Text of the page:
The Okanagan, centered around the Okanogan River (spelled Okanagan in Canada) and Okanagan Lake, lived on what became both sides of the border between northern Washington State in the United States and southern British Columbia in Canada.
It is also famous as the Okanagan Valley and from time to time as the Okanagan Country, which is a region in British Columbia. Like the name of the river at the heart of their native soil, the tribal name also varies in spelling; further to Okanagan and Okanogan, one also sees Okanagon and Okinagan.
The name pronounced oh-Kuh-NAH-gun, formerly referred to a fastidious place along the river, near Okanogan Falls at the mouth of the Similkameen tributary, before being used for the tribe. Okanagan tradition preserve that Okanogan falls is the place of origin of the tribe.
The Okanagan was organized into autonomous bands, each with a chief advised by a council of elders, who supported selecting temporary war chiefs in times of warfare. The most primitive classifications site two divisions: the Okanagan proper along the Okanogan River, with four bands, and the Similkameen Okanagan along the Similkameen River, with three bands.
A more classification discusses the Lower Okanagan, or Sinkaietk (for “the people”) in the U.S., and the Upper Okanagan in Canada, with the mouth of the Similkameen more or less serving as a dividing line between them. Isonkva’ili for “our people” has also been used as a Native name by some among them. The Okanagan spoke a Salishan language and are thus one of those tribes grouped as Interior Salishans or (Interior Salish) of the Plateau Culture Area to distinguish them from the Coast Salishans (or Coast Salish) of the Northwest Culture Area.
Tribes related linguistically are the Colville, Lake, and Sanpoil. Okanagan pole-frame earth-covered pit-houses were circular and entered from the roof. In the summertime, when at fishing, hunting, or plant gathering sites, tribal members also took shelter in temporary conical pole frame mat-covered dwellings. They used bark-covered canoes on the waterways.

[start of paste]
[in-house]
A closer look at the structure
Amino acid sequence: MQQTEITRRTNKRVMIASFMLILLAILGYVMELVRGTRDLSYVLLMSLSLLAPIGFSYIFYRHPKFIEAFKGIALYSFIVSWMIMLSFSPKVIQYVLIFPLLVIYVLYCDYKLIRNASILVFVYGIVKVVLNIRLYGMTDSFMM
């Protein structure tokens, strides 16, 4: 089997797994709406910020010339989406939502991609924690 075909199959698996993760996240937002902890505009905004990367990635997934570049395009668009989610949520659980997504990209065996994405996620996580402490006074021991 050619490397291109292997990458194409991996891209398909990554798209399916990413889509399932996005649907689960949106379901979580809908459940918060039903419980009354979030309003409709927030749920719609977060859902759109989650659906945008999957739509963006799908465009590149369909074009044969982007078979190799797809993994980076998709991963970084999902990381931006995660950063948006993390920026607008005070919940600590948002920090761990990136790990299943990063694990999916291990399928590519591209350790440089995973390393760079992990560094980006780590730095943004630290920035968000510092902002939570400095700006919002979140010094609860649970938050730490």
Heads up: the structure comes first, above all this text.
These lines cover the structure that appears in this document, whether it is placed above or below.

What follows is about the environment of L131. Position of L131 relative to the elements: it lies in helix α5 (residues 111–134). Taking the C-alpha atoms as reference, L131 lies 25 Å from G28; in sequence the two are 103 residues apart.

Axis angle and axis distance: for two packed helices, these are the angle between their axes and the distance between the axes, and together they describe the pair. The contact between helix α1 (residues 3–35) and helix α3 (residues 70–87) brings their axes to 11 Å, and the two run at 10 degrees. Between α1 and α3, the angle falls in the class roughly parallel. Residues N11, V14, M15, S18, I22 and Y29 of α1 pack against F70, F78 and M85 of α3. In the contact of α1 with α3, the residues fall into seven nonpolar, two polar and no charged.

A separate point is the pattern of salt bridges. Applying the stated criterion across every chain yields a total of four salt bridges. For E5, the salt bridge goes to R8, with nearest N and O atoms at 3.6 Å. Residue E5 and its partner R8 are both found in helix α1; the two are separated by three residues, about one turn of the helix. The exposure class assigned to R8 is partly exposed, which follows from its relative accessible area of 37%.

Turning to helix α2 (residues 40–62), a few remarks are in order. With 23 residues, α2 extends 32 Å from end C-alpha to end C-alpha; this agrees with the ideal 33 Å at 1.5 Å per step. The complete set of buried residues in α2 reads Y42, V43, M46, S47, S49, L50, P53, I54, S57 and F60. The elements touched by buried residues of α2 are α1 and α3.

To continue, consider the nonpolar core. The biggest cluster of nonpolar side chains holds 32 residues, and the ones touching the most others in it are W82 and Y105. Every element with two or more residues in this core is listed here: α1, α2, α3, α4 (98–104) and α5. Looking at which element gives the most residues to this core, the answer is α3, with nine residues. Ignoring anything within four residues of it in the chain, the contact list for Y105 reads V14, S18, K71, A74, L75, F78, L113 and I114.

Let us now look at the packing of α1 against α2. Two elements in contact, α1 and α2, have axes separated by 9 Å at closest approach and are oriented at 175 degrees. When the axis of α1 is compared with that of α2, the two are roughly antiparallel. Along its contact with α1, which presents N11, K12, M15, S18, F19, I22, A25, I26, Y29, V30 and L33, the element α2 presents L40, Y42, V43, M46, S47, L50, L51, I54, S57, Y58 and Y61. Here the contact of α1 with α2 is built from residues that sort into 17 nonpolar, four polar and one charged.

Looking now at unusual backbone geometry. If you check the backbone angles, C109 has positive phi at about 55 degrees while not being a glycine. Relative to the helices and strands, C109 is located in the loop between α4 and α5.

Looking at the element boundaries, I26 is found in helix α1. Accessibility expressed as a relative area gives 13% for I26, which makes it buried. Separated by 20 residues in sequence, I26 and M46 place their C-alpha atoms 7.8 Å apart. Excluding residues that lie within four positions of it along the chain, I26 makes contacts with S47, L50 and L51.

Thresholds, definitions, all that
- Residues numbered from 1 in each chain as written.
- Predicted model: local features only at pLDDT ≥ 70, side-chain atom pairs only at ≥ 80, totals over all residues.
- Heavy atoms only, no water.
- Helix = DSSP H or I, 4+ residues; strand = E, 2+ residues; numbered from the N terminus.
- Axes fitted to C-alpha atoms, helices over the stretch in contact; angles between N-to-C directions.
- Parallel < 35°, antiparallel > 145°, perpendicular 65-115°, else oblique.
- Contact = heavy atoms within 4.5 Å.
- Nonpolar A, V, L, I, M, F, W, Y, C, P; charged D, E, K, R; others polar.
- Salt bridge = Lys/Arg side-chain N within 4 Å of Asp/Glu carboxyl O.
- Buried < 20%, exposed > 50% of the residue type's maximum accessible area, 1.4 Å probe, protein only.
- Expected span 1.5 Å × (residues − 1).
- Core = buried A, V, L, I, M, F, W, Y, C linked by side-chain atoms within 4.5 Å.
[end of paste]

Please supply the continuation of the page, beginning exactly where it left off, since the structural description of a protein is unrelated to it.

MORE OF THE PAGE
At the beginning of the 18th century, the Okanagan acquired horses, which changed some of their traveling and hunting patterns. Staple foods consisted of salmon, deer, and rabbit, as well as roots and berries.
They wove baskets out of cedar bark or spruce roots. Their principal deity, painstaking the Creator, was recognized in their dialects as Great Mystery, Chief Above, or Chief of the Dead. Coyote was a significant legendary being in their mythology. The Okanagan were traditional enemies of the Shuswap to the north and to the south.
Some of their later lands had originally been occupied by Shuswap. The earliest contacts with non-Indians were with traders, probably first in the late 1700s. A recorded encounter was made at Fort Kamloops (modern Kamloops, British Columbia) in 1805. The Hudson’s Bay “brigade trail” led right through the Okanagan territory, from that post to Fort Colville in present-day Washington.
Okanagan Lake Provincial Park
Okanagan Lake Provincial Park. Photo Credit – Wikipedia
David Thompson of the North West Company is recognized to have visited them in 1811. However, in 1848, the international boundary between the U.S., and Canada was established. Even though the Indians at first ignored it, the border made contact among the variety of Okanagan bands and families more difficult in the ensuing decades. In 1858, gold was discovered on the Fraser River, bringing more and more non-Indians to the region. Disputes and outbreaks of violence followed.
The Colville Reservation was established in 1872, and Okanagan on the U.S. side of the border was forced to settle there with other Interior Salishans. Okanagan in Canada, not having discussed a treaty, were assigned to a variety of small reserves in the early 1900s. Moreover, in 1982, the Penticton Okanagan band became the first of the British Columbia First Nations to reach a settlement with the Canadian government for its claim regarding lands unduly appropriated.
The Lower Similkameen, Okanagan, Osoyoos, Penticton, Upper Similkameen, and Westbank bands are most active in British Columbia. However, Okanagan descendants in Washington live among other Salishans, in exacting on the Colville Reservation.
Read More – Amazing Limestone Pavements of Orton Fells
The Okanagan, centered around the Okanogan River (spelled Okanagan in Canada) and Okanagan Lake, lived on what became both sides of the border between northern Washington State in the United States
The Okanagan, centered around the Okanogan River (spelled Okanagan in Canada) and Okanagan Lake, lived on what became both sides of the border between northern Washington State in the United States. Photo Credit – Wikipedia

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